Description Distributed Ledgers: How, Why, and Why Not? (Croatia) 
Form Of Engagement Activity A talk or presentation
Part Of Official Scheme? No
Geographic Reach International
Primary Audience Schools
Results and Impact This was an invited talk at a summer school attended by 150+ PhD students from all over the world, in addition to other international researchers.
Year(s) Of Engagement Activity 2017
URL https://summerschool-croatia.cs.ru.nl/2017/
 
Description Doing Good on the Blockchain 
Form Of Engagement Activity Participation in an activity, workshop or similar
Part Of Official Scheme? No
Geographic Reach National
Primary Audience Public/other audiences
Results and Impact Using the networking funding for the grant, in collaboration with Furtherfield Gallery we put on a workshop called Doing Good (on the Blockchain). There were 60 participants from various backgrounds and industries. I gave a talk and we had several other invited speakers. The event generated a lot of interesting discussions, both at the workshop and in followup emails I received.
Year(s) Of Engagement Activity 2018
URL http://www.daowo.org/#doing-good-on-the-blockchain
 
Description Science and the law seminar 
Form Of Engagement Activity Participation in an activity, workshop or similar
Part Of Official Scheme? No
Geographic Reach Local
Primary Audience Policymakers/politicians
Results and Impact I gave a talk and participated in this seminar at the Royal Society, attended mainly by judges and other members of the Royal Society.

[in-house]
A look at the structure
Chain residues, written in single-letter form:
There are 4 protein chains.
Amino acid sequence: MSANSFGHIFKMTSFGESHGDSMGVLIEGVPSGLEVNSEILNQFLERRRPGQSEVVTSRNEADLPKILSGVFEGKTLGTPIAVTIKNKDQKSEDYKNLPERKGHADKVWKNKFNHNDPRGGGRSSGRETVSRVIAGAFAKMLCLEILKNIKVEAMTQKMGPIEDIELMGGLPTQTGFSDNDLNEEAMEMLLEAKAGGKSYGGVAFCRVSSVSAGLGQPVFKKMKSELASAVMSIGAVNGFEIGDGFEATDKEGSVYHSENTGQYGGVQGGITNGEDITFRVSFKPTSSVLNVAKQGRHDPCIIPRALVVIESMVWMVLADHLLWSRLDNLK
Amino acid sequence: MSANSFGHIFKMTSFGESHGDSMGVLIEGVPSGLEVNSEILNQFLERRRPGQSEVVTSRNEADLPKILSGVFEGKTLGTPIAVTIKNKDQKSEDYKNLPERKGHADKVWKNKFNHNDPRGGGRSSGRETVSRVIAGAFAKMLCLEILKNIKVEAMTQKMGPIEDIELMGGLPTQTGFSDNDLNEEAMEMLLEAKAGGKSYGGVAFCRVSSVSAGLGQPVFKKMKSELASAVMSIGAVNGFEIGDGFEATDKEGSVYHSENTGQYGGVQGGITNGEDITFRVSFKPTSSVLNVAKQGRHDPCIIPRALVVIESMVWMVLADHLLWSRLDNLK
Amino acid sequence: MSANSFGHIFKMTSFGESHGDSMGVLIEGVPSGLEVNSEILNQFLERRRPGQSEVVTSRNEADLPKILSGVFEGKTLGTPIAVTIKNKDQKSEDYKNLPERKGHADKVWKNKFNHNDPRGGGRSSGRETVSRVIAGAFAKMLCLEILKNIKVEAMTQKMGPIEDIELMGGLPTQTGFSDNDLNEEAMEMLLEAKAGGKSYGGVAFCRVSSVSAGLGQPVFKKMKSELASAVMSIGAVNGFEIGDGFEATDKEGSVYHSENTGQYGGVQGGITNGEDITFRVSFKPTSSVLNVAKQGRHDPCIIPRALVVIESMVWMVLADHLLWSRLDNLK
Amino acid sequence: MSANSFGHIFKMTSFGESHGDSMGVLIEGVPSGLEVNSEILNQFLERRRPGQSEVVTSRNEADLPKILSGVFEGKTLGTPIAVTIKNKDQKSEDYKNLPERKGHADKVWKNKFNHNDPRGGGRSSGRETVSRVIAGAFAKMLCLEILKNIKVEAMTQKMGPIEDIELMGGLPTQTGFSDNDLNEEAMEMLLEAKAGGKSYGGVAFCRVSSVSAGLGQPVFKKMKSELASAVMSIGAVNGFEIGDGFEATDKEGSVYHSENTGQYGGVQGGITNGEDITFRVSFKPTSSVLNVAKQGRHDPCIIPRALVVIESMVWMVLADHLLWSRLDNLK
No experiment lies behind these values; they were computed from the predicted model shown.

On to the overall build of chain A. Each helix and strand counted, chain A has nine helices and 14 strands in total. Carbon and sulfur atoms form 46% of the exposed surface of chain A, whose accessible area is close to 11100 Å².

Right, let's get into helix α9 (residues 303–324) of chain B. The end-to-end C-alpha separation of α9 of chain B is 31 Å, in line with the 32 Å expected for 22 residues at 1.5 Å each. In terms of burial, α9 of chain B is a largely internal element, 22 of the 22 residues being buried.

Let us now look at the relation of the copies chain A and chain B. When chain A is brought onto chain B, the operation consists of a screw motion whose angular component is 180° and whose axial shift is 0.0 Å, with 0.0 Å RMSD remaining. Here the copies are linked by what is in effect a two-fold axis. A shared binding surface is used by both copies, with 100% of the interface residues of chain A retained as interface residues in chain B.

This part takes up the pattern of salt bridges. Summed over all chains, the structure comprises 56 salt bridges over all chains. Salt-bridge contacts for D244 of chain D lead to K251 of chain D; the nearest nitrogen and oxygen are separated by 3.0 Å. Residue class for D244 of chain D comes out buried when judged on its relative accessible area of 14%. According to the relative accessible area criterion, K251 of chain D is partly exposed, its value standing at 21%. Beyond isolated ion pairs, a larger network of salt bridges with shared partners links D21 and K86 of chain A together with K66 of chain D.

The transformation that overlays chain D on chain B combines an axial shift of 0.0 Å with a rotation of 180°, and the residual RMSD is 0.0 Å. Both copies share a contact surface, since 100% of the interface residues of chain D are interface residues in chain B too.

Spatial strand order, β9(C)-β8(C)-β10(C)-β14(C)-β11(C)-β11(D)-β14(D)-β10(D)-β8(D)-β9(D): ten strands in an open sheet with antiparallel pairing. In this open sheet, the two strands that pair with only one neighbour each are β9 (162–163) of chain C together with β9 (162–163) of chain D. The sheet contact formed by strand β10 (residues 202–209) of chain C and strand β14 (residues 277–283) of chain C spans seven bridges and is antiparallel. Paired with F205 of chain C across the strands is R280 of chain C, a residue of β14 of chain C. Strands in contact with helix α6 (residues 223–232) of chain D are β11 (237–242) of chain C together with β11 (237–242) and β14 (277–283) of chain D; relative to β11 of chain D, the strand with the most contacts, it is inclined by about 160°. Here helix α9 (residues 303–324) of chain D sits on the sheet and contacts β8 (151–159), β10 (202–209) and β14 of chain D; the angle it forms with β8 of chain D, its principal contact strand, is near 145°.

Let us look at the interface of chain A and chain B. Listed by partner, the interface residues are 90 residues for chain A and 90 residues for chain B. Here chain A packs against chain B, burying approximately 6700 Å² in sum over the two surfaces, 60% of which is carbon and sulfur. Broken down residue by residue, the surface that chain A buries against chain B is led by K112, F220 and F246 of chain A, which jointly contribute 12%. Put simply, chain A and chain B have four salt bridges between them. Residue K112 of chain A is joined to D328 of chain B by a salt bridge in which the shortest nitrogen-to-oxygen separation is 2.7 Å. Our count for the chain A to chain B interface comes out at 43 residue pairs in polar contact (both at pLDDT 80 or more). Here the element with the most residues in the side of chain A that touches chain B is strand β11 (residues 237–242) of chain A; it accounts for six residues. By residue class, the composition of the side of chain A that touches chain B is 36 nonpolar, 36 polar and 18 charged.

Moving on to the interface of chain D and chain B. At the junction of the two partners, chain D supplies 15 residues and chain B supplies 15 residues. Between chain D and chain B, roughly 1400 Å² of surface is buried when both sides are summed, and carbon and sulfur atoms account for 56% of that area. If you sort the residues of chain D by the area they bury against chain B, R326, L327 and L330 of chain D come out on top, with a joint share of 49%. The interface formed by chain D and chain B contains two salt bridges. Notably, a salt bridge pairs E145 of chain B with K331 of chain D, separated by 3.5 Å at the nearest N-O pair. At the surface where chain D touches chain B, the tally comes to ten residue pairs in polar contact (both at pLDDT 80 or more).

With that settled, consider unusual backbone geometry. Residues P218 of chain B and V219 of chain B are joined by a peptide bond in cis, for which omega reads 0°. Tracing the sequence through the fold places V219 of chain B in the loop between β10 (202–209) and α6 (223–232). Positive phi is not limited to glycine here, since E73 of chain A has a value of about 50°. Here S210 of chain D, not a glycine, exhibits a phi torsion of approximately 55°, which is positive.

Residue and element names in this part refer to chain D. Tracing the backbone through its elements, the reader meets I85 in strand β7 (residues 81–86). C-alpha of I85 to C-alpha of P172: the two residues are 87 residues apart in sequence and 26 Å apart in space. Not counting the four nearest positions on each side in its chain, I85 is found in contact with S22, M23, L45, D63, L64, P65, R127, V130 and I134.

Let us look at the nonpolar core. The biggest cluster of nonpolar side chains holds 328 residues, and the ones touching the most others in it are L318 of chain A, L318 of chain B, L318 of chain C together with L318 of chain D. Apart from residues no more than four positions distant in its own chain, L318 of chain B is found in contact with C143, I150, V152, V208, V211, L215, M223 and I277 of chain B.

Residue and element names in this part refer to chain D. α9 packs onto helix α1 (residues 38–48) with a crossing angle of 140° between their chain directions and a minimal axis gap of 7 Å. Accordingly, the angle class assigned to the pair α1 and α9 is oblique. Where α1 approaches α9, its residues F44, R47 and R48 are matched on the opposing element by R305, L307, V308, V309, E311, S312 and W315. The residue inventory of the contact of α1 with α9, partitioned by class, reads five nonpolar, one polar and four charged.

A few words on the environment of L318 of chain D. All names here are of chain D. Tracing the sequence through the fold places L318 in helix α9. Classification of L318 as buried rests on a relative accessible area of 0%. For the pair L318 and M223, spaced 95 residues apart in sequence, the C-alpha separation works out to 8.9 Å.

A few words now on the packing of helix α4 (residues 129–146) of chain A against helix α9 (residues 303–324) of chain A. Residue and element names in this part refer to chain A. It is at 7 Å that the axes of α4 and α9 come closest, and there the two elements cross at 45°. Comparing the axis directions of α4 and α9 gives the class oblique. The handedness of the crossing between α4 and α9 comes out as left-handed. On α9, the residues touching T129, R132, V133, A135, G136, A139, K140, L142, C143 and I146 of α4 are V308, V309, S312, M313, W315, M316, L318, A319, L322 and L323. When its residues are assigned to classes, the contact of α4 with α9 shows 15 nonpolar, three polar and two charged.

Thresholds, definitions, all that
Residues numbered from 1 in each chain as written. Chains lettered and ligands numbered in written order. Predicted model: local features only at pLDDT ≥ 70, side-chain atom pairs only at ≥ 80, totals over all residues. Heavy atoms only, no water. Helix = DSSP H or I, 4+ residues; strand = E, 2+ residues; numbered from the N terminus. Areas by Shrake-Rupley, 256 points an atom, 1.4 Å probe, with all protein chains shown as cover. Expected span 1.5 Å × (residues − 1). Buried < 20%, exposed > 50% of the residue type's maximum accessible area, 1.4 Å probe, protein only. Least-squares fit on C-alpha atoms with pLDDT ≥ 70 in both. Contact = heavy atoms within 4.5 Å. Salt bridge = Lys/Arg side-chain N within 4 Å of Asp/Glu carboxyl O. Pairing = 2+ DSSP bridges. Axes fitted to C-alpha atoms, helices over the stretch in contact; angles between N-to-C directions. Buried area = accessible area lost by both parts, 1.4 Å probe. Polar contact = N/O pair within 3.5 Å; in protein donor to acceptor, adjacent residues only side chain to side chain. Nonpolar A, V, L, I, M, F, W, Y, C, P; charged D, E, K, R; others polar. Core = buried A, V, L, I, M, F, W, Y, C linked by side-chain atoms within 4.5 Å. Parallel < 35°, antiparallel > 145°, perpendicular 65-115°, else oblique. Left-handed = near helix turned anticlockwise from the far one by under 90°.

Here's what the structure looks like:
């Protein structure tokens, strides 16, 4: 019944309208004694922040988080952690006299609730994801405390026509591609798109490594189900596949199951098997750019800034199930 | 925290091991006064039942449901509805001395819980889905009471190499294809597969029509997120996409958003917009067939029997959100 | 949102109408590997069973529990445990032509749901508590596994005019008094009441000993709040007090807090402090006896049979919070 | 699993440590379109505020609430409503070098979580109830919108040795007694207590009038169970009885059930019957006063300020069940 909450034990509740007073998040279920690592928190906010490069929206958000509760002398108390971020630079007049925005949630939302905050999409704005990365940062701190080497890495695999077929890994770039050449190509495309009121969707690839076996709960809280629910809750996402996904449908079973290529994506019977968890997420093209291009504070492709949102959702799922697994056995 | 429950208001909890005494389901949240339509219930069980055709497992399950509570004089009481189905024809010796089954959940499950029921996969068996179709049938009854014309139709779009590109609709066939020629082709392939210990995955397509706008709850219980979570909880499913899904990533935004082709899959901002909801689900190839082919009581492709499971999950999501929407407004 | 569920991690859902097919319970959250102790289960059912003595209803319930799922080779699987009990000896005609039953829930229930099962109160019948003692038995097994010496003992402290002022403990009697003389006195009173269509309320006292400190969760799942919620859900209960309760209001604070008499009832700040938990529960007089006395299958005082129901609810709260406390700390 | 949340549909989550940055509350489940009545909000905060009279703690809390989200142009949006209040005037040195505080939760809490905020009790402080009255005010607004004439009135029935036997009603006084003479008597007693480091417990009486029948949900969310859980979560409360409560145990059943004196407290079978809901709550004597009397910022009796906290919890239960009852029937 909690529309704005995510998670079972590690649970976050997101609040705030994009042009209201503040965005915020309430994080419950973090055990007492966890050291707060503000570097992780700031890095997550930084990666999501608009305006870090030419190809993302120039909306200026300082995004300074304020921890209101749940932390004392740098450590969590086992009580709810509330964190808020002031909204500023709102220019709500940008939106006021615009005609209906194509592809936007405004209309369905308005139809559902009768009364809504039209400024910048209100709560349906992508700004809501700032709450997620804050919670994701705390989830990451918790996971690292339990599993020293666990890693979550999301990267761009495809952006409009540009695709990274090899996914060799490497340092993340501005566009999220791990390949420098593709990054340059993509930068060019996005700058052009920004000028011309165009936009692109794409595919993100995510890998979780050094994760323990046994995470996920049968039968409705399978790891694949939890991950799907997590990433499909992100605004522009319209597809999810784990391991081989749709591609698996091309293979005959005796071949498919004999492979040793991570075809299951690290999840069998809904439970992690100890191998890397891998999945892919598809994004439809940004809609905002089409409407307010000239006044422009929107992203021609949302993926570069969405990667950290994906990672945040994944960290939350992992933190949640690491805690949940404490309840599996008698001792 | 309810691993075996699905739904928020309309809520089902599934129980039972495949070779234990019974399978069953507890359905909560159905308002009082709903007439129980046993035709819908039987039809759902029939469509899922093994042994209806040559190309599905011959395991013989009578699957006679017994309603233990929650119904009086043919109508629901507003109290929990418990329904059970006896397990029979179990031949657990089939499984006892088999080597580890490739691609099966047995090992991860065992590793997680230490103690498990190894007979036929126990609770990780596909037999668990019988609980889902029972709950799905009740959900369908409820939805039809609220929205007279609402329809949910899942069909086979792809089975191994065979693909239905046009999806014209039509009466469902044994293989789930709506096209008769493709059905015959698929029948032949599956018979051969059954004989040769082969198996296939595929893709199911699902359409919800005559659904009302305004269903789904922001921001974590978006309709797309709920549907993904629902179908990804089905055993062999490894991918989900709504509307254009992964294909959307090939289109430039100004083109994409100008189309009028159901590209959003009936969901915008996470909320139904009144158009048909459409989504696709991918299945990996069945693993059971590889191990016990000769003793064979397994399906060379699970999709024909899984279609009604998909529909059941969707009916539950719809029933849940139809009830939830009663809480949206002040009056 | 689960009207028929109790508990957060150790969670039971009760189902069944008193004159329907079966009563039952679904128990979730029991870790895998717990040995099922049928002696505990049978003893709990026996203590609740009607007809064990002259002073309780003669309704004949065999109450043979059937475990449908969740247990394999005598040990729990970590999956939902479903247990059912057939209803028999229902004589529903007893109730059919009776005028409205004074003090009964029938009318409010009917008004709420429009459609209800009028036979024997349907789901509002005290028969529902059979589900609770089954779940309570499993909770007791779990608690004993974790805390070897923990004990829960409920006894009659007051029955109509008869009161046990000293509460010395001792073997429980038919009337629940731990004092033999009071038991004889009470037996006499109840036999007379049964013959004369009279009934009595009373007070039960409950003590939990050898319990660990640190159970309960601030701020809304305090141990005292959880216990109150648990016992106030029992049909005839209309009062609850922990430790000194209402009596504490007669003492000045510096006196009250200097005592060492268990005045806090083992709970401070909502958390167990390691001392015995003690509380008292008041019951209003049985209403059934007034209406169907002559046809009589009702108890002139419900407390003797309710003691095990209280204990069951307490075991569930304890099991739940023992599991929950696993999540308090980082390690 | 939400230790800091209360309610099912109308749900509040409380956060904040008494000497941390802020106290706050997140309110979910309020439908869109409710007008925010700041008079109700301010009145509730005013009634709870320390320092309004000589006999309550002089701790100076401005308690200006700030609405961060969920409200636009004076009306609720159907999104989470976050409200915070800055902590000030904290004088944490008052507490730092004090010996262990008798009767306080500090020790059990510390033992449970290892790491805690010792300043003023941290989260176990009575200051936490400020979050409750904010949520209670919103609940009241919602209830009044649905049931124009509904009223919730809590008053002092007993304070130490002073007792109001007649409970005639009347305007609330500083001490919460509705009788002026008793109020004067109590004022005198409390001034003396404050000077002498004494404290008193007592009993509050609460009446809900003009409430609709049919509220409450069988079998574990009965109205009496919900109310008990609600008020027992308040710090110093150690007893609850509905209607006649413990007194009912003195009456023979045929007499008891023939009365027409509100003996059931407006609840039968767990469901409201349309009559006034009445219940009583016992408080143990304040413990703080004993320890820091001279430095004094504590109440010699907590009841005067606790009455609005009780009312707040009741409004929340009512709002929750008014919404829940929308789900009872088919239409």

Year(s) Of Engagement Activity 2019
 
Description Top Ten Obstacles for Distributed Ledgers (After Money symposium) 
Form Of Engagement Activity A talk or presentation
Part Of Official Scheme? No
Geographic Reach National
Primary Audience Professional Practitioners
Results and Impact This was an invited talk at the After Money Symposium, put on by Chris Speed at Edinburgh. There were probably 50-60 people there, largely artists and people in industry.
Year(s) Of Engagement Activity 2017
URL https://www.eca.ed.ac.uk/event/after-money-symposium-book-launch
 
Description Top Ten Obstacles for Distributed Ledgers (WebRoots Democracy) 
Form Of Engagement Activity A talk or presentation
Part Of Official Scheme? No
Geographic Reach International
Primary Audience Public/other audiences
Results and Impact This was an invited talk at an event, "Blockchain and its applications for democracy", organized by WebRoots Democracy. The event was very popular and generated a lot of interesting discussion.
Year(s) Of Engagement Activity 2017
URL https://webrootsdemocracy.org/2017/12/07/blockchain-applications-democracy/
 
Description Top ten obstacles for distributed ledgers 
Form Of Engagement Activity A talk or presentation
Part Of Official Scheme? No
Geographic Reach National
Primary Audience Policymakers/politicians
Results and Impact I gave a talk at an event entitled "Blockchain and its applications for democracy".
Year(s) Of Engagement Activity 2017
URL https://webrootsdemocracy.org/2017/12/07/blockchain-applications-democracy/